LEAD: An hour after he was sworn in yesterday, New York City's Consumer Affairs Commissioner, Mark Green, took on one of the nation's largest tobacco companies, R. J. Reynolds, saying that it was ''inducing children to smoke.''
An hour after he was sworn in yesterday, New York City's Consumer Affairs Commissioner, Mark Green, took on one of the nation's largest tobacco companies, R. J. Reynolds, saying that it was ''inducing children to smoke.''
Mr. Green's specific target was an advertising campaign that uses a cartoon character of a camel - sometimes dressed in a tuxedo or wearing sunglasses, but always smoking and always with a beautiful woman nearby - to promote Camel Cigarettes. He said the use of a cartoon figure clearly appealed to young people.
In a letter sent yesterday to Nabisco's chairman, Louis V. Gerstner Jr., Mr. Green wrote, ''As the father of two young children and the new Commissioner of Consumer Affairs, I am appalled at your 'Smooth Character' Camel advertising campaign that risks addicting children to cigarettes.''
In the past month, R. J. Reynolds - a division of RJR Nabisco - has been criticized for its plans to market two cigarette brands, one aimed primarily at blacks and the other at young, blue-collar white women.
Carefully Orchestrated Campaign
A spokesman for R. J. Reynolds, David Fishel, said: ''As usual, he chose to release it to the media before he gave it to the company, which says to us that what he has done today seems to be part of a very carefully orchestrated campaign by anti-smoking activists to provide a publicity backdrop for the anti-smoking legislation hearings held in Washington today.''
The Senate Labor Committee is considering a bill that would give the Federal Government the power to ban dangerous additives from cigarettes and require that cigarette packs both list additives and carry a warning that smoking is addictive.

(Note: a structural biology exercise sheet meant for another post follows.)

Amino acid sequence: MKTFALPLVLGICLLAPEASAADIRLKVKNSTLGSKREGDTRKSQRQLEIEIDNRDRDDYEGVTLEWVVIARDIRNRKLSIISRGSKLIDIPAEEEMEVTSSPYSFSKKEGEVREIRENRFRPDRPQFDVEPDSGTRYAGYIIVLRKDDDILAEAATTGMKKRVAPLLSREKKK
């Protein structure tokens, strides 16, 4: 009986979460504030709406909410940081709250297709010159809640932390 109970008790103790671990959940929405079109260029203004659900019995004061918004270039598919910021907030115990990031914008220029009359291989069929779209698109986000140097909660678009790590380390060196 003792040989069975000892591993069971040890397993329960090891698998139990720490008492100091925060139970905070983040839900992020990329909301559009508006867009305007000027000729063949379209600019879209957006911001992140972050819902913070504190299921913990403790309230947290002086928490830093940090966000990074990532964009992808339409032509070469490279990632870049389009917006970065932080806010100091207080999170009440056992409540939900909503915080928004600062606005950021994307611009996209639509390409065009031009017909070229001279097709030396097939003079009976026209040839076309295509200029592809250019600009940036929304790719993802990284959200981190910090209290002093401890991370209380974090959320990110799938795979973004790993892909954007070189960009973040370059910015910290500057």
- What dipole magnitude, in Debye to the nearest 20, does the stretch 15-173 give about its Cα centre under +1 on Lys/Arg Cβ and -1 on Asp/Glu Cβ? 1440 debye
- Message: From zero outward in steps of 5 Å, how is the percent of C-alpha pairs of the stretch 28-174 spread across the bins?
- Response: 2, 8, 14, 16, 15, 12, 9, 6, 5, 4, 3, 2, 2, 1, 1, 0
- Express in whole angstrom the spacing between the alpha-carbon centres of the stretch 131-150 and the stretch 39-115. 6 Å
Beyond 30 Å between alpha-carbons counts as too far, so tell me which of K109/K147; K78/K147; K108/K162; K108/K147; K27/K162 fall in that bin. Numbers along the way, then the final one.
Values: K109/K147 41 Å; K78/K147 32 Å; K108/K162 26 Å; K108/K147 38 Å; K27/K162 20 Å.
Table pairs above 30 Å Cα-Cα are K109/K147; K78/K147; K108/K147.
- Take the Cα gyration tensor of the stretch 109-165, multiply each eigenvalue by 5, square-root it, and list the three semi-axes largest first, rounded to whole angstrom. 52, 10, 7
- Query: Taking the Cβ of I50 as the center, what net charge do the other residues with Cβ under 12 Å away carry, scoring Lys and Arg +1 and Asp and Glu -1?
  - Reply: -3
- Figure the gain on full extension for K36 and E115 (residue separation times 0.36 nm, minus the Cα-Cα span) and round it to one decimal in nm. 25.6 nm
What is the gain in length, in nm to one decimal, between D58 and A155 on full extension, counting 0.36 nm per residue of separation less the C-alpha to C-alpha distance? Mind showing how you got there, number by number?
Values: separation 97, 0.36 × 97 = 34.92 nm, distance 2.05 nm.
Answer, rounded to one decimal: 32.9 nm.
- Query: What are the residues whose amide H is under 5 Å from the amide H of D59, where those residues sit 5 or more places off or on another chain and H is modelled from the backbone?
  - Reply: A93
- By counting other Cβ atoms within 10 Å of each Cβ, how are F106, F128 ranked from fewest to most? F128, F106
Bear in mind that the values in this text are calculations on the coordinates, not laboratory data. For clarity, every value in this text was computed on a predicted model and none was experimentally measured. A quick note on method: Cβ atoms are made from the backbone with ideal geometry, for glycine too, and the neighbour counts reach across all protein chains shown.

''The Camel campaign is three years old,'' Mr. Fishel said. ''It is not aimed at kids. We have seen no evidence in the three years of the program that it has any particular youth appeal.''
Mr. Green said his concern had been focused by an advertisement in Rolling Stone magazine, offering posters of the ''Smooth Character'' cartoon.
'Effort to Lure Children'
''It wasn't until I spotted the perforated fold at the bottom of the 'Rolling Stone' poster,'' which allows readers to delete the congressionally mandated warning label, that I decided to write you,'' Mr. Green wrote to Mr. Gerstner. ''Isn't this ad campaign an obvious effort to lure children into smoking in violation of the tobacco industry's own 1964 code against advertising directed at children?''
The letter went on to ask: ''Who watches and talks about cartoon characters, kids or adults? Who is impressionable enough to associate smoking and success and money, kids or adults?''
Mr. Green, 44 years old, was sworn in to the $97,000-a-year post by Mayor David N. Dinkins at noon, in the Board of Estimate Room at City Hall, with his wife, Deni Frand, and his two children, Jenya, 11, and Jonah, 5, at his side.
A senior campaign adviser to the Mayor, Mr. Green has long been a consumer advocate.